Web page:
Some conceptual thinking on hydrocarbons
+ General concepts
+ A look at fuel synthesis
+ A further look at biomass
+ Why direct methane decomposition is a bad idea
In the figure below a representation is given on hydrocarbon conceptual
- The processes involving biomass (1,2, and 3) start from the centre
of the figure.
In the case of hydrothermal upgrading a combination of H2O
and CO2 is released from the biomass under
almost supercritical (with respect to water) conditions.
- After gasification of oil, and more so in case of gasification of coal,
the CO - H2 ratio is insuffiecient to use
the produced syngas directly in a Fischer and Tropsch synthesis process.
- Only in case of partial oxidation of NG this CO - H2
ratio is (almost) sufficient.
- In methane reforming the highest CO - H2
ratio is obtained. However, this process requires heat.
Synthesis of fuels via gasification
The syngas can, amongst other possibilities, be employed to produce
(high quality) fuel using the Fischer & Tropsch process. In this
process a CO - H2 ratio of 2 is required,
so if other feedstocks than NG are used a significant part of the CO has to be "shifted
away". (CO + H2O
In the table below the overview in this respect is given:
Feedstock C/H ratio CO/H2 ratio C lost C use
(in syngas) (in shift) (in end product)
Biomass 1 : 2 (+ 1 O) 1 : 1/1.5 25 % 35 % (*)
Coal 1 : 0.7 2 : 1 50 % 50 %
Oil 1 : 1.4 1 : 1 35 % 65 %
Natural Gas 1 : 3.5/4 1 : 1.8/2 < 10 % > 90 %
(*) In biomass gasification the combustion value of the material makes it neccesary to generate
extra CO2 to keep the process autothermic.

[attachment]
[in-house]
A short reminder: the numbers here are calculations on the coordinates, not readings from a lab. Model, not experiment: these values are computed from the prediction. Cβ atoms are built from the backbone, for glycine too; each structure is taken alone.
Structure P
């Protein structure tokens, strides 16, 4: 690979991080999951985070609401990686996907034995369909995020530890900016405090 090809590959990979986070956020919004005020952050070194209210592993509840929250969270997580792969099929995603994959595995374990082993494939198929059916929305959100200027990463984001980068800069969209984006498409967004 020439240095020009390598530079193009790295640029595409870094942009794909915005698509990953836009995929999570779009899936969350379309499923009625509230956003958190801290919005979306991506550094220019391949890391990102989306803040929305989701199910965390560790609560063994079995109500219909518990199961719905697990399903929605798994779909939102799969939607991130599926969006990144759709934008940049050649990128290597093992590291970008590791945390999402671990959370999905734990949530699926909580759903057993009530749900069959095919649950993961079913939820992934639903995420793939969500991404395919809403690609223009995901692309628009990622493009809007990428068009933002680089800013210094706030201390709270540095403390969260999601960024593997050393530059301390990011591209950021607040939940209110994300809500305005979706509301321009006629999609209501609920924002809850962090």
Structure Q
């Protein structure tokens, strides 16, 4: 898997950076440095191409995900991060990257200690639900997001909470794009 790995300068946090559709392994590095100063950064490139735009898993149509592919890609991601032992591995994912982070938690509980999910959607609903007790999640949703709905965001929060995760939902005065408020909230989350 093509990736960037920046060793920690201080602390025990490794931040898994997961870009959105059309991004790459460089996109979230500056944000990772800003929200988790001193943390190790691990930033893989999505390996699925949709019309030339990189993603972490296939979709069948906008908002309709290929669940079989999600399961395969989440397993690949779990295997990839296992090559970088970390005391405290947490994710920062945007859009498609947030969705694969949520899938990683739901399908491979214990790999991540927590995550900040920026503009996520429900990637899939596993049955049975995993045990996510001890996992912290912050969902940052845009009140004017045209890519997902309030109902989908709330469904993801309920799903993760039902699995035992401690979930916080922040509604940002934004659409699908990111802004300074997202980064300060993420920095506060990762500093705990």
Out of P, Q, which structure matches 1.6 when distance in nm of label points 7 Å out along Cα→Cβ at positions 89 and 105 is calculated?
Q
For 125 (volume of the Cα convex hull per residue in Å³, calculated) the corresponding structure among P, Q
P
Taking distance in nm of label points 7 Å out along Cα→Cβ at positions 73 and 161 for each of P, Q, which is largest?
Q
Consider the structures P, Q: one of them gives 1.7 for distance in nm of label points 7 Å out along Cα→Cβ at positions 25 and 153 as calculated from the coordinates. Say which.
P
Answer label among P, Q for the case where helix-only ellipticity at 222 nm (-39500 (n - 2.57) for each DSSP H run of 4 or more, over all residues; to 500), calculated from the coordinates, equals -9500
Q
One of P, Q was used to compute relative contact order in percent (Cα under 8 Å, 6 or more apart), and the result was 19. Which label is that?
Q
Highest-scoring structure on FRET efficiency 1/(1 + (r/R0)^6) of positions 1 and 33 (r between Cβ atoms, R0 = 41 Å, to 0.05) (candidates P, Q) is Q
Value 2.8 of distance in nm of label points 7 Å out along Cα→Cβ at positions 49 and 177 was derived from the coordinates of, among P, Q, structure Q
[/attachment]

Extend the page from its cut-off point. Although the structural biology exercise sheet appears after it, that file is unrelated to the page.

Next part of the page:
A further look at biomass
In the table below a comparison between three process routes from biomass to fuel
Process C use
(in end product)
a. Hydrothermal upgrading 65 %
b. Low Temp gasification + Fischer & Tropsch 50 %
c. Higher T gasification + Fischer & Tropsch 35 %
a. Hydrothermal upgrading:
In this process effectively one third of the oxygen in the carbonhydrate mass is removed as
water, while two thirds are removed as carbon dioxide so the overall reaction roughly reads:
+ x H2O + x CO2
This leads to net carbon utilisation rate of roughly 65%.
b. Low Temp gasification + Fischer & Tropsch:
In a low T process biomass is converted to a 1:1 mixture of methane and carbondioxide. This
process can be fermentation or lower T gasification. The methane can be converted to
fuel in a Fischer & Tropsch process on a 1 to 1 basis. So now the net carbon utilisation rate
is roughly 50%. For large industrial application the relatively slow reaction rates in the
gasification/fermentation step can be a significant drawback.
c. Higher T gasification + Fischer & Tropsch:
In a direct gasification biomass is converted into a mixture of CO, CO2,
H2 and H2O. As (CO and
H2O) and (CO2 and
H2) are interlinked, and for a Fischer & Tropsch process a
CO / H2 ratio of 1 : 2 is required the overall carbon utilisation
rate of this process route will be about 35%.
Why direct methane decomposion is a bad idea
Time and again proposals are made to decompose methane to carbon and hydrogen. The idea:
Don't burn the carbon, no carbondioxide. From an
energetics point of view this is not a good idea.
A process based on direct decomposition of methane has to be a high pressure process (reactor
This implies that the temperature at which it runs must be in the order of 1500 °C. A lower
temperature would lead to incomplete decomposition, and more bothering, formation of appreciable
amounts of (poly)aromatic hydrocarbons.
When looking at energetics the following picture emerges:
The heat of combustion of methane is 192 kcal/mol, for hydrogen it is 58 kcal/mol and for
carbon it is 90 kcal/mol.
The heat required to decompose methane into carbon and hydrogen is 22 kcal/mol, while the
heat required to bring it at 1500 °C is about 25 kcal/mol.
Going from the assumption that the heat to decompose methane is utilised with a 100% efficiency
(highly optimistic) and no heat recorery within the process (somewhat conservative) the
utilisable heating value left is:
2 ´ 58 = 116 kcal/mol, 60% of the initial heating value.
The amount of energy generated with respect to the energy "invested" is:
116 / (22+25) ´ 100 » 250%
This is disappointingly low as the net heating value left is only
(116 - (22+25)) / 192 ´ 100 » 35% of the initial heating value.
If the power required in the process (plasma arc for heating?) is generated using fossil
fuels, the conclusion is: This is the wrong way!